Their defense has plummeted as we expected in preseason; they’re now 21st in adjusted defensive rating and 14th in adjusted offensive rating after starting the season on-fire.

The Knicks are 6-9 in the first quarter ATS this season, providing a nice opportunity to fade them against teams with strong starting units.

New Orleans Pelicans

  • Record: 2-14
  • ATS: 6-10
  • Spread Diff: -3.9 ATS

This isn’t a mystery. There has been no Zion Williamson, and the Pelicans look outright lost.

Now the problem becomes that with the Pels already 12 games under .500, there are diminishing reasons to bring Zion Williamson back at all. What’s the point with the team this far back in the standings? A fully lost year seems to doom the new regime that replaced the old regime.

Still, facts are facts, and from a betting perspective, the Pels have covered just twice in the month of November, once against the Grizzlies (whom we’ll discuss shortly) and the other cover by 1.5 points vs. Brooklyn. They failed to cover vs. the Heat Wednesday despite Miami missing Kyle Lowry and Bam Adebayo.

It is equally concerning that the Pelicans don’t seem to have an identity under first-year head coach Willie Green. Green was sought as the player-friendly antidote to Stan Van Gundy, but the Pelicans find themselves 24th in offense and 29th in defense.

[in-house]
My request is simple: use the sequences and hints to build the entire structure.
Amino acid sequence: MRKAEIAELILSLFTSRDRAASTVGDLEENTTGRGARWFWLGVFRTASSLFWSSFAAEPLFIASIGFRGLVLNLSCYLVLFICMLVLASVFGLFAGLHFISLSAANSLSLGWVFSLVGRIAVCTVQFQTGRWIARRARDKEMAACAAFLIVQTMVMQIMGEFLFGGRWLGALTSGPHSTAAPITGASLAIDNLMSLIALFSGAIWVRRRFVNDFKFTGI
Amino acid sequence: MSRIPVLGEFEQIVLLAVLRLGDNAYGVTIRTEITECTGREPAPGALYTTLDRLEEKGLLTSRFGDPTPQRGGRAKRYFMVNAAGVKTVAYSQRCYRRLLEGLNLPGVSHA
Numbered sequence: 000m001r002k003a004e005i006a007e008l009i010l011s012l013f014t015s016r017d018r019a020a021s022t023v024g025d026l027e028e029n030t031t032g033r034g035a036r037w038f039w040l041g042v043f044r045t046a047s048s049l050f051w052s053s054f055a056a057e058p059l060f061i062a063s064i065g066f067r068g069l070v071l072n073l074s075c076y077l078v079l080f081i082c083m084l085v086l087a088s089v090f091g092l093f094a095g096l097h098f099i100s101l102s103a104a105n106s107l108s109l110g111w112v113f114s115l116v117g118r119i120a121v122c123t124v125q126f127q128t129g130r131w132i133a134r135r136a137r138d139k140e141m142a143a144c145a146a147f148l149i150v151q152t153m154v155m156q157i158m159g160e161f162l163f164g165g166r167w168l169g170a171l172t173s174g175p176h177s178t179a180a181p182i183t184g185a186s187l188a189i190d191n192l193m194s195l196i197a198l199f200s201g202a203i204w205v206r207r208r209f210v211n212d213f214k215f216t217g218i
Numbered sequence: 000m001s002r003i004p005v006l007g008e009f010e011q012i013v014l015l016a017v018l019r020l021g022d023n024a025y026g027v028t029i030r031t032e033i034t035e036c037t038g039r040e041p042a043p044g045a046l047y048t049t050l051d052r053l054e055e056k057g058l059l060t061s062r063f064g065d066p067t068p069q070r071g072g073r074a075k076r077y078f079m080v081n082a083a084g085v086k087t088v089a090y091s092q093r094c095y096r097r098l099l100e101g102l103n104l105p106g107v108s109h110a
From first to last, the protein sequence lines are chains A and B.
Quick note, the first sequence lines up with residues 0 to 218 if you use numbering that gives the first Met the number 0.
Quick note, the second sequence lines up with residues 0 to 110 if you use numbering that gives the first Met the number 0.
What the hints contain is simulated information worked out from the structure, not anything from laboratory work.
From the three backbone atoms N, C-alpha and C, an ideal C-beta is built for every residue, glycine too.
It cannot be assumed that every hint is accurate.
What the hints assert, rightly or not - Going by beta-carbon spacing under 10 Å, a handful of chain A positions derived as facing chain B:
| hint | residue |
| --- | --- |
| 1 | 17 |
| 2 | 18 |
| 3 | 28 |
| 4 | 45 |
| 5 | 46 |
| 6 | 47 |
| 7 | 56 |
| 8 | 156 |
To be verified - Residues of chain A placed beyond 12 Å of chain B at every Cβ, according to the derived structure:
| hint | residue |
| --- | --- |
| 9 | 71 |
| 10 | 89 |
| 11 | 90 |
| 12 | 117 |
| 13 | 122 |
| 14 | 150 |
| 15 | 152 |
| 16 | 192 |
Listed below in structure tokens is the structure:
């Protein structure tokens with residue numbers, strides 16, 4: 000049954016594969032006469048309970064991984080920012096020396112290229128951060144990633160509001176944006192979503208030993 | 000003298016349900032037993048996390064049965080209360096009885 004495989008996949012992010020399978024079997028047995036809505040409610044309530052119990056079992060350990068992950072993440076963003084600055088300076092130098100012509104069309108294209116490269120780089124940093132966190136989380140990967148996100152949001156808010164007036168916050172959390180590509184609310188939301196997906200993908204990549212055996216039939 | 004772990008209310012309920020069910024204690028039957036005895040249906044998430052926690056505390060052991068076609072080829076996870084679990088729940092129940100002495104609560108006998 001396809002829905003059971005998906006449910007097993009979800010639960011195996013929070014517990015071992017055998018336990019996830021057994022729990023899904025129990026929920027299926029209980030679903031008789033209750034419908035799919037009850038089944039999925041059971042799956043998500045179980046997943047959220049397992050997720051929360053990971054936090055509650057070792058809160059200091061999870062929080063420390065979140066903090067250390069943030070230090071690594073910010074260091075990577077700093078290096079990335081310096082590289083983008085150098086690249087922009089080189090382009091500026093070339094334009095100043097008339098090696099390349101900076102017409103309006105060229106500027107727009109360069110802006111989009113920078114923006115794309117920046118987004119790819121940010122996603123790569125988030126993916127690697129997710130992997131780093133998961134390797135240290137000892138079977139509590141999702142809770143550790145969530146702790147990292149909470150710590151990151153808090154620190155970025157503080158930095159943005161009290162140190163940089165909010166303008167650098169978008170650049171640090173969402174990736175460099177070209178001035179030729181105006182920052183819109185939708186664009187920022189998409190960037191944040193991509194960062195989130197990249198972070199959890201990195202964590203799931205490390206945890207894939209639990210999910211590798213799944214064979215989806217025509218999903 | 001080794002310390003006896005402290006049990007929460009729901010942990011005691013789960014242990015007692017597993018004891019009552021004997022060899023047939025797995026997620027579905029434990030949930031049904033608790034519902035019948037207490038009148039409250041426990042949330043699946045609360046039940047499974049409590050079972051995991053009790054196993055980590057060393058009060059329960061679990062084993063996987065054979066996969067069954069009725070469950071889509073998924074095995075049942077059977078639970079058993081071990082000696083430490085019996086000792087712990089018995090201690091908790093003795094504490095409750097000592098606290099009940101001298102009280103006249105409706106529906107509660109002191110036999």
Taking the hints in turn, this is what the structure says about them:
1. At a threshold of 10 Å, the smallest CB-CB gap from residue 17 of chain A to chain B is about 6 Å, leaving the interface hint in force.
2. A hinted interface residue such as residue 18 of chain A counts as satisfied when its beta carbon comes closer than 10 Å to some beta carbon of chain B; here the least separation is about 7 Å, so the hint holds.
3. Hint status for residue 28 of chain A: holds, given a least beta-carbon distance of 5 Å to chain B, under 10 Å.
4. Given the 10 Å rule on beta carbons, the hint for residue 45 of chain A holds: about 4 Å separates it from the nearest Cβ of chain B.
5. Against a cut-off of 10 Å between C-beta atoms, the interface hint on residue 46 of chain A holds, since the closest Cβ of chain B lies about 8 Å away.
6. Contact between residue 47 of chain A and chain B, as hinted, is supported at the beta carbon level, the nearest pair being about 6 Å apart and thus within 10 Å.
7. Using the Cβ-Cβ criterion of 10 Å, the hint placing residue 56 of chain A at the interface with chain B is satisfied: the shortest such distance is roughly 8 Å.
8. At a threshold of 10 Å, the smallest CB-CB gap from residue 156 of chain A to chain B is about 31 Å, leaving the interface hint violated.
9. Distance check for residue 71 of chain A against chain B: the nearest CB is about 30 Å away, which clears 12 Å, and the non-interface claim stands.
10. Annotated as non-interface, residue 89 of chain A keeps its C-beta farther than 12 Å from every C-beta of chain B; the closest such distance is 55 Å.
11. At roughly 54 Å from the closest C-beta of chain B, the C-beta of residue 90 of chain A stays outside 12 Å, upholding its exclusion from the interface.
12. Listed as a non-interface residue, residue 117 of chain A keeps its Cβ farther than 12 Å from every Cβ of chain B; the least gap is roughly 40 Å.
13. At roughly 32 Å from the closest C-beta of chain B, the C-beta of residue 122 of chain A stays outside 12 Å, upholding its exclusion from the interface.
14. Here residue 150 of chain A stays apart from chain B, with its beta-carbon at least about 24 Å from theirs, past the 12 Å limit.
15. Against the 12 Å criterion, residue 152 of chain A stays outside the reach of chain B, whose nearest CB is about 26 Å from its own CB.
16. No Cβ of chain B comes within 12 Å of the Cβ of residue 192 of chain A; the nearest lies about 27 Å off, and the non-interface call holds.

Sean Gardner/Getty Images. Pictured: Zion Williamson #1 of the New Orleans Pelicans.

Does Williamson vault them into a top-10 offense, 14 slots? He certainly wouldn’t jump them into the top 15 defensively.

It’s a matter of time before the market starts to undervalue the Pelicans. However, when teams turn to tank, they counter that valuation by maneuvering to ensure losses. Orlando, Oklahoma City, Houston, and Cleveland all finished sub-.500 ATS last season.

We’re a few months away from tank season, though. The Pelicans only recently got Brandon Ingram back, and while the early returns have not been good, maybe he just needs to settle in.

Memphis Grizzlies

  • Record: 7-7 SU
  • ATS: 8-6 ATS
  • Spread Diff: -4.6 ATS

Memphis began the season like a buzzsaw but has plummeted back to Earth. They began 5-3, covering in six-of-eight. Since then, they are 2-4 SU and have covered twice in six games. When they’ve failed to cover, they’ve failed to cover by an average of over 20 points.

It’s not the offense, which is 13th and stellar with the starters.

So … it’s the defense.

Memphis is 30th, dead last, in adjusted defensive rating.

Ja Morant, Steven Adams and Jaren Jackson have a very good 103 defensive rating together. That combination has worked, with Jackson helping clean up the backside defense while Adams plays a safe drop scheme.